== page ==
Uncle Abimelech never wavered. He sat and listened to me with a
quizzical smile on that handsome, clean-shaven, ruddy old face of his,
with its cut-granite features. And in the end he said,
"You ought to be the one to go to college if either of you did, Prue.
You would make a capital lawyer, if I believed in the higher education
of women, but I don't. Murray can take or leave the farm as he
chooses. If he prefers the latter alternative, well and good. But he
gets no help from me. You're a foolish little girl, Prue, to back him
up in this nonsense of his."
It makes me angry to be called a little girl when I put up my hair a
year ago, and Uncle Abimelech knows it. I gave up arguing with him. I
knew it was no use anyway.
I thought it all over in the garret. But no way out of the dilemma
could I see. I had eaten up all the apples I had brought with me and I
felt flabby and disconsolate. The sight of Uncle Abimelech stalking up
the lane, as erect and lordly as usual, served to deepen my gloom.
I picked up the paper my apples had been wrapped in and looked it over
gloomily. Then I saw something, and Uncle Abimelech was delivered into
The whole plan of campaign unrolled itself before me, and I fairly
laughed in glee, looking out of the garret window right down on the
little bald spot on the top of Uncle Abimelech's head, as he stood
laying down the law to Murray about something.
When Uncle Abimelech had gone I went down to Murray.
"Buddy," I said, "I've thought of a plan. I'm not going to tell you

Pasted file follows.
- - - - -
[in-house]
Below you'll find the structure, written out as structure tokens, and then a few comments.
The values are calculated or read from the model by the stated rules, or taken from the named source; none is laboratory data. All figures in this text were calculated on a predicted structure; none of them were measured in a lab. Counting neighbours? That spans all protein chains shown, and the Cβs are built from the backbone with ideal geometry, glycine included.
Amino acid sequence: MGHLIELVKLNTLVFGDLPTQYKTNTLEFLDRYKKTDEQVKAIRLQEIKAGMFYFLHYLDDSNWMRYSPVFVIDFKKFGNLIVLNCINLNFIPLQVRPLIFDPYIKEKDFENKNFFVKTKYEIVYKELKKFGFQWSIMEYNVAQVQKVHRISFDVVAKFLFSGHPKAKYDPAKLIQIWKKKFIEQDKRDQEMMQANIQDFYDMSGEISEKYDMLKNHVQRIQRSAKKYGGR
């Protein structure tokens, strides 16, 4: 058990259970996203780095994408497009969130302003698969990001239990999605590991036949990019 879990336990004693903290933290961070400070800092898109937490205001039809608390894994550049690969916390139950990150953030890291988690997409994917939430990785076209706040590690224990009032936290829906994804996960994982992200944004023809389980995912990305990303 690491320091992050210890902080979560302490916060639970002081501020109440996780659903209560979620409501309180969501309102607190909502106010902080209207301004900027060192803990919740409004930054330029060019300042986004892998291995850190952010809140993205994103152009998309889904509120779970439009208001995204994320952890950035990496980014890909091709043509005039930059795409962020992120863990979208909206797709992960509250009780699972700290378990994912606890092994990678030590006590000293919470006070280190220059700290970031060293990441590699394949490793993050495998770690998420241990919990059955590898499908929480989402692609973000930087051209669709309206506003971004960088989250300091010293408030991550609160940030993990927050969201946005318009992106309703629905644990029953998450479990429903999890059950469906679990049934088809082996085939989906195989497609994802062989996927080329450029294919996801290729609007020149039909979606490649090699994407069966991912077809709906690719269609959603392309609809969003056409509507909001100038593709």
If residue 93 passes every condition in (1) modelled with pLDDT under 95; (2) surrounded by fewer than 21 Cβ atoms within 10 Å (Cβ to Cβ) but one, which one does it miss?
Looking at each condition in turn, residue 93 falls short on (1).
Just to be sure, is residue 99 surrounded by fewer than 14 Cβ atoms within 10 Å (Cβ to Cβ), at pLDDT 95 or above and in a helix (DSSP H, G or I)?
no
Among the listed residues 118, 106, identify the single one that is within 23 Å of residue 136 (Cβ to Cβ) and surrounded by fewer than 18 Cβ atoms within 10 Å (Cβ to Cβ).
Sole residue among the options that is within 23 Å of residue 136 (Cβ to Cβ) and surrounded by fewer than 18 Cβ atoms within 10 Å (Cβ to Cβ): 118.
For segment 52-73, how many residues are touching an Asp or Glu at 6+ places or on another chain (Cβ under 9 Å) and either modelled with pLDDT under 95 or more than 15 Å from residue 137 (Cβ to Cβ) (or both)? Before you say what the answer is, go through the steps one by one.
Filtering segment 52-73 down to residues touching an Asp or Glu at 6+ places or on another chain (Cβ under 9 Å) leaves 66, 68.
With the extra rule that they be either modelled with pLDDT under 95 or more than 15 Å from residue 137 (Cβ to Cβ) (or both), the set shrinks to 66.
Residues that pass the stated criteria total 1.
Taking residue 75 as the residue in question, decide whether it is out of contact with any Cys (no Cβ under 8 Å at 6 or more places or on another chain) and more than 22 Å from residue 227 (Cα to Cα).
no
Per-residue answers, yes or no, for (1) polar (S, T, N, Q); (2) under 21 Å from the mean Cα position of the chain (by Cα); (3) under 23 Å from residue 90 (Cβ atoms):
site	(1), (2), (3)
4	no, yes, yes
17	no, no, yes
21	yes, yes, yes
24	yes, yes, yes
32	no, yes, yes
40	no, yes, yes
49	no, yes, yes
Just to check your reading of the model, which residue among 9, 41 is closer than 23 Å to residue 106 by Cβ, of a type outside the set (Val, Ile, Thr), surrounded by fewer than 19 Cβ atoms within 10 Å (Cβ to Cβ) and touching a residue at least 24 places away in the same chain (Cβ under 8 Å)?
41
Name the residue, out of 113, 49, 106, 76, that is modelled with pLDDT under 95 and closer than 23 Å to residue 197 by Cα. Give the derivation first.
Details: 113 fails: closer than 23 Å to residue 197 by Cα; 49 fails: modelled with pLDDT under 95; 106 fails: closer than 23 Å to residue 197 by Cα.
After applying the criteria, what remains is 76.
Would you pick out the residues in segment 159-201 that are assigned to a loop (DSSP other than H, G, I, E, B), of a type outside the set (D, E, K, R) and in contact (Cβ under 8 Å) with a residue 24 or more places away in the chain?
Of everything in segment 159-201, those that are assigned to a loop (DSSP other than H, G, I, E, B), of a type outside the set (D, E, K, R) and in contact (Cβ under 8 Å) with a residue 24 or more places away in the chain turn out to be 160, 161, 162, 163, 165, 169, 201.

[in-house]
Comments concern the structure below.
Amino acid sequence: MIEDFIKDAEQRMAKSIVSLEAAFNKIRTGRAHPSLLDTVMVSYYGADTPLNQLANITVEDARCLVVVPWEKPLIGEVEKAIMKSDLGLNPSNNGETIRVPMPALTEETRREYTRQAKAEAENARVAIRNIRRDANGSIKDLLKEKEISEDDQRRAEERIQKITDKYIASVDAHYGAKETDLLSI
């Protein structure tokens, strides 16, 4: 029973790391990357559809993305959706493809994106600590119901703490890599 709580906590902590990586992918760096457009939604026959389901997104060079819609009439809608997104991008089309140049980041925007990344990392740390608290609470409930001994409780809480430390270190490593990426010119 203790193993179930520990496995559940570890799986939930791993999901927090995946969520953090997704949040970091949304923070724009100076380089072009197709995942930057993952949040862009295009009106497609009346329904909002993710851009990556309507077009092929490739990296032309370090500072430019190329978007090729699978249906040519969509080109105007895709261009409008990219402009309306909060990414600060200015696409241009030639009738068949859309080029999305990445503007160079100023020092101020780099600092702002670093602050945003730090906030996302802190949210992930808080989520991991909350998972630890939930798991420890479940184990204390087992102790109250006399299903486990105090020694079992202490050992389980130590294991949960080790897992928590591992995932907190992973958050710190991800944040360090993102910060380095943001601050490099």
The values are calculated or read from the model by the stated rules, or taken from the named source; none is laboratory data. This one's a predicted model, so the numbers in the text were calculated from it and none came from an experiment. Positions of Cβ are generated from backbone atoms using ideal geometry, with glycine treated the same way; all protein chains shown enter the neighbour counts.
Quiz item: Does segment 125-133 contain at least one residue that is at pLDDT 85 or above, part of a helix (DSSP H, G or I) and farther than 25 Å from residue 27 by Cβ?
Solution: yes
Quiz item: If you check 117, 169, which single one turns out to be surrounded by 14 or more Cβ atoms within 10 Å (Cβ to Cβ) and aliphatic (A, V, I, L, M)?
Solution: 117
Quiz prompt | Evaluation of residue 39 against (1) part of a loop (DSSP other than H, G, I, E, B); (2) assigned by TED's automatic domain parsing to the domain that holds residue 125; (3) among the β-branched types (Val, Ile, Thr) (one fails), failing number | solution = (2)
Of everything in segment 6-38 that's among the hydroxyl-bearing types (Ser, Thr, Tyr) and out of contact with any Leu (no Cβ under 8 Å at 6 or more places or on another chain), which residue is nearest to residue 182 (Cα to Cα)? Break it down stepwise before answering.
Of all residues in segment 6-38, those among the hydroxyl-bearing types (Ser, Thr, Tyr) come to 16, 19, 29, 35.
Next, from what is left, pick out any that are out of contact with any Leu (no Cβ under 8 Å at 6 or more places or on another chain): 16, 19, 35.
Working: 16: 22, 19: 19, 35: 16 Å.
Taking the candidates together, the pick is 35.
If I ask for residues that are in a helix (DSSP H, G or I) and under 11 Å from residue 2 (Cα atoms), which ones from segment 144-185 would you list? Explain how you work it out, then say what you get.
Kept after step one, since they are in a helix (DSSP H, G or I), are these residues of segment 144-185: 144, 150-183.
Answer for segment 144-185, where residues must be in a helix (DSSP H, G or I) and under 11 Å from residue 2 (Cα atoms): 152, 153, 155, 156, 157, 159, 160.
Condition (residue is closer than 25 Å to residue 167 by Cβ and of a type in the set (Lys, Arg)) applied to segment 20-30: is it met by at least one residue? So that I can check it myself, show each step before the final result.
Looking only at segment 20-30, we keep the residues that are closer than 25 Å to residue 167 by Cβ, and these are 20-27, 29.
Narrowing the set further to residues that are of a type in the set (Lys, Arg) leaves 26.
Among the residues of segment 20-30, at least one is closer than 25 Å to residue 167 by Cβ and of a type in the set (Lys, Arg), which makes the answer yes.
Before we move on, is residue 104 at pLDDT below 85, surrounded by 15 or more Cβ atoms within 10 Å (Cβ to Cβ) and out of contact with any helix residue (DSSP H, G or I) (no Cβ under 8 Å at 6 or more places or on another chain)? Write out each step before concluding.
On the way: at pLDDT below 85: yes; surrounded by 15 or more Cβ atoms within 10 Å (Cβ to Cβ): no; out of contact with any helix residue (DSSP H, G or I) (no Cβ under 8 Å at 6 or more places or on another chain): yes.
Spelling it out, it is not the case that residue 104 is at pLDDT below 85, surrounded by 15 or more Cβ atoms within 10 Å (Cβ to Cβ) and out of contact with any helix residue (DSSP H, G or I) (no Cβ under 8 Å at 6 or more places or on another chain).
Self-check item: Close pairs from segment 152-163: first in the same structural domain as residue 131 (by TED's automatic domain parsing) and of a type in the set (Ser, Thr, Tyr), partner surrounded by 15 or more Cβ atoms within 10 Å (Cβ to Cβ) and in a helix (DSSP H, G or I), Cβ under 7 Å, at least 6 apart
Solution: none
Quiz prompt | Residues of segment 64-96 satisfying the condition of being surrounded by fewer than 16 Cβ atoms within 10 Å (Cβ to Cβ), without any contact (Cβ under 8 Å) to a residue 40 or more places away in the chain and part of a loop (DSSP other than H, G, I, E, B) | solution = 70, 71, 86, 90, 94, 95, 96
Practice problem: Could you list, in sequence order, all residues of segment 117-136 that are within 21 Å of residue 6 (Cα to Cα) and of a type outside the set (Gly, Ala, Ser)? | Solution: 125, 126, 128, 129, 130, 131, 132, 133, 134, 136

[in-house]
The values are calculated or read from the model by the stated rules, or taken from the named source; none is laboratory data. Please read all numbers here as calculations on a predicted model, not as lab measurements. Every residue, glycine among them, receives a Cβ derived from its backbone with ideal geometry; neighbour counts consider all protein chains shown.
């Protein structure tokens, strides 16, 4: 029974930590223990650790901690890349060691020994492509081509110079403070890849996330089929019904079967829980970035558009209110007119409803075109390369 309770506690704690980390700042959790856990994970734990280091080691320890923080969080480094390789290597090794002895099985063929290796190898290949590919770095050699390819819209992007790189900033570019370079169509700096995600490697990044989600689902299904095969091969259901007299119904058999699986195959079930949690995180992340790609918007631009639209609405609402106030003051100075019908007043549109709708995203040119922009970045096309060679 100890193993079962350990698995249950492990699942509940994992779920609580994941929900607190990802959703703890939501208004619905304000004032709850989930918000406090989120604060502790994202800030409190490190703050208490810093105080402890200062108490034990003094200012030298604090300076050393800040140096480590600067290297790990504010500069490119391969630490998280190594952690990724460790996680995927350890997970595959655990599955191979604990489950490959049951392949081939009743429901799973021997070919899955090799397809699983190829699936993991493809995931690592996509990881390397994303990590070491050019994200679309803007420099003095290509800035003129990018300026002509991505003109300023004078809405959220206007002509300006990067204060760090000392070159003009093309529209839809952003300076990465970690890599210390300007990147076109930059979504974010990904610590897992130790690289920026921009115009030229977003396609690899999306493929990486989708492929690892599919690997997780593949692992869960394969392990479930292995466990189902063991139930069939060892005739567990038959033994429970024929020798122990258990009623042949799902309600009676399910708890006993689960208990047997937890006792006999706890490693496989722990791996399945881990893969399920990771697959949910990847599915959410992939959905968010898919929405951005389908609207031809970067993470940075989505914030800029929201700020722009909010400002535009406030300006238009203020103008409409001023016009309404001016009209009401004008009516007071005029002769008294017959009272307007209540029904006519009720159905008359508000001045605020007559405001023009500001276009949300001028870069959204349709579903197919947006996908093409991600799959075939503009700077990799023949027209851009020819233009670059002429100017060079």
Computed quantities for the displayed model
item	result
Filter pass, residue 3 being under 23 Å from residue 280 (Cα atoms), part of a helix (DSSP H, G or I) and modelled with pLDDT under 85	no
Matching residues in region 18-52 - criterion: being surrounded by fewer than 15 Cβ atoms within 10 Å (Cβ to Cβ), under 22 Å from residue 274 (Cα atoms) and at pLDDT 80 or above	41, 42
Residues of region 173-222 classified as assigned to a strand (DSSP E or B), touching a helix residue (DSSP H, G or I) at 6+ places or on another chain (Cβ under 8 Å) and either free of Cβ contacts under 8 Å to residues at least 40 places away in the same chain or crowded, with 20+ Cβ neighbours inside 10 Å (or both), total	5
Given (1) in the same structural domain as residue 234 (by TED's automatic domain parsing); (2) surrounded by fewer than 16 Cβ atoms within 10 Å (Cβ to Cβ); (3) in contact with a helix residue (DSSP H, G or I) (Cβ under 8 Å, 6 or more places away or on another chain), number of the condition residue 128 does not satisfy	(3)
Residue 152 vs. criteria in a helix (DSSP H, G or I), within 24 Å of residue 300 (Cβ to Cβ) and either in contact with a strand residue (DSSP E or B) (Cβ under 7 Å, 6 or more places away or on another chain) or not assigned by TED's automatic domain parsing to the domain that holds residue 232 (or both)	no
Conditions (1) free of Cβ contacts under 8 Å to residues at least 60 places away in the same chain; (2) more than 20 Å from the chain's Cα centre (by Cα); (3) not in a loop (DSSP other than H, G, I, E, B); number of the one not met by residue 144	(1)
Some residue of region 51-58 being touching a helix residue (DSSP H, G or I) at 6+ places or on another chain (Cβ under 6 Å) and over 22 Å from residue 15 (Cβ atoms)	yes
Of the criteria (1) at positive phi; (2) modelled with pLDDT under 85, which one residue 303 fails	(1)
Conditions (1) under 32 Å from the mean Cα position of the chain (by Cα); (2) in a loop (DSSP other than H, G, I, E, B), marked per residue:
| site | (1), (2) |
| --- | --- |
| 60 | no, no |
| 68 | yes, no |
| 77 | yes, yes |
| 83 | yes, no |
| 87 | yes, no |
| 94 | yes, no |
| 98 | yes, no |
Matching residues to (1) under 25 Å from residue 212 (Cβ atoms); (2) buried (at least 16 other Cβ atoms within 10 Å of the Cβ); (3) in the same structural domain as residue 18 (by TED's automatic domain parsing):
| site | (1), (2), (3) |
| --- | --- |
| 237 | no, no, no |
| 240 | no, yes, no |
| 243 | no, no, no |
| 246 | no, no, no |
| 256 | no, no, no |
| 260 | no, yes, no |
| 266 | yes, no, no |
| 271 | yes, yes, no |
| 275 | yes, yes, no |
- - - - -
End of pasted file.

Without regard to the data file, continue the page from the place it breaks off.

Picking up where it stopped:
what it is, but you are to consent to it without knowing. I think it
will quench Uncle Abimelech, but you must have perfect confidence in
me. You must back me up no matter what I do and let me have my own way
in it all."
"All right, sis," said Murray.
"That isn't solemn enough," I protested. "I'm serious. Promise
"I promise solemnly, 'cross my heart,'" said Murray, looking like an
"Very well. Remember that your role is to lie low and say nothing,
like Brer Rabbit. Alloway's Anodyne Liniment is pretty good stuff,
isn't it, Murray? It cured your sprain after you had tried everything
else, didn't it?"
"Yes. But I don't see the connection."
"It isn't necessary that you should. Well, what with your sprain and
my rheumatics I think I can manage it."
"Look here, Prue. Are you sure that long brooding over our troubles up
in the garret hasn't turned your brain?"
"My brain is all right. Now leave me, minion. There is that which I
Murray grinned and went. I wrote a letter, took it down to the office,
and mailed it. For a week there was nothing more to do.
There is just one trait of Uncle Abimelech's disposition more marked
than his fondness for having his own way and that one thing is family
pride. The Melvilles are a very old family. The name dates back to the
Norman conquest when a certain Roger de Melville, who was an ancestor
of ours, went over to England with William the Conqueror. I don't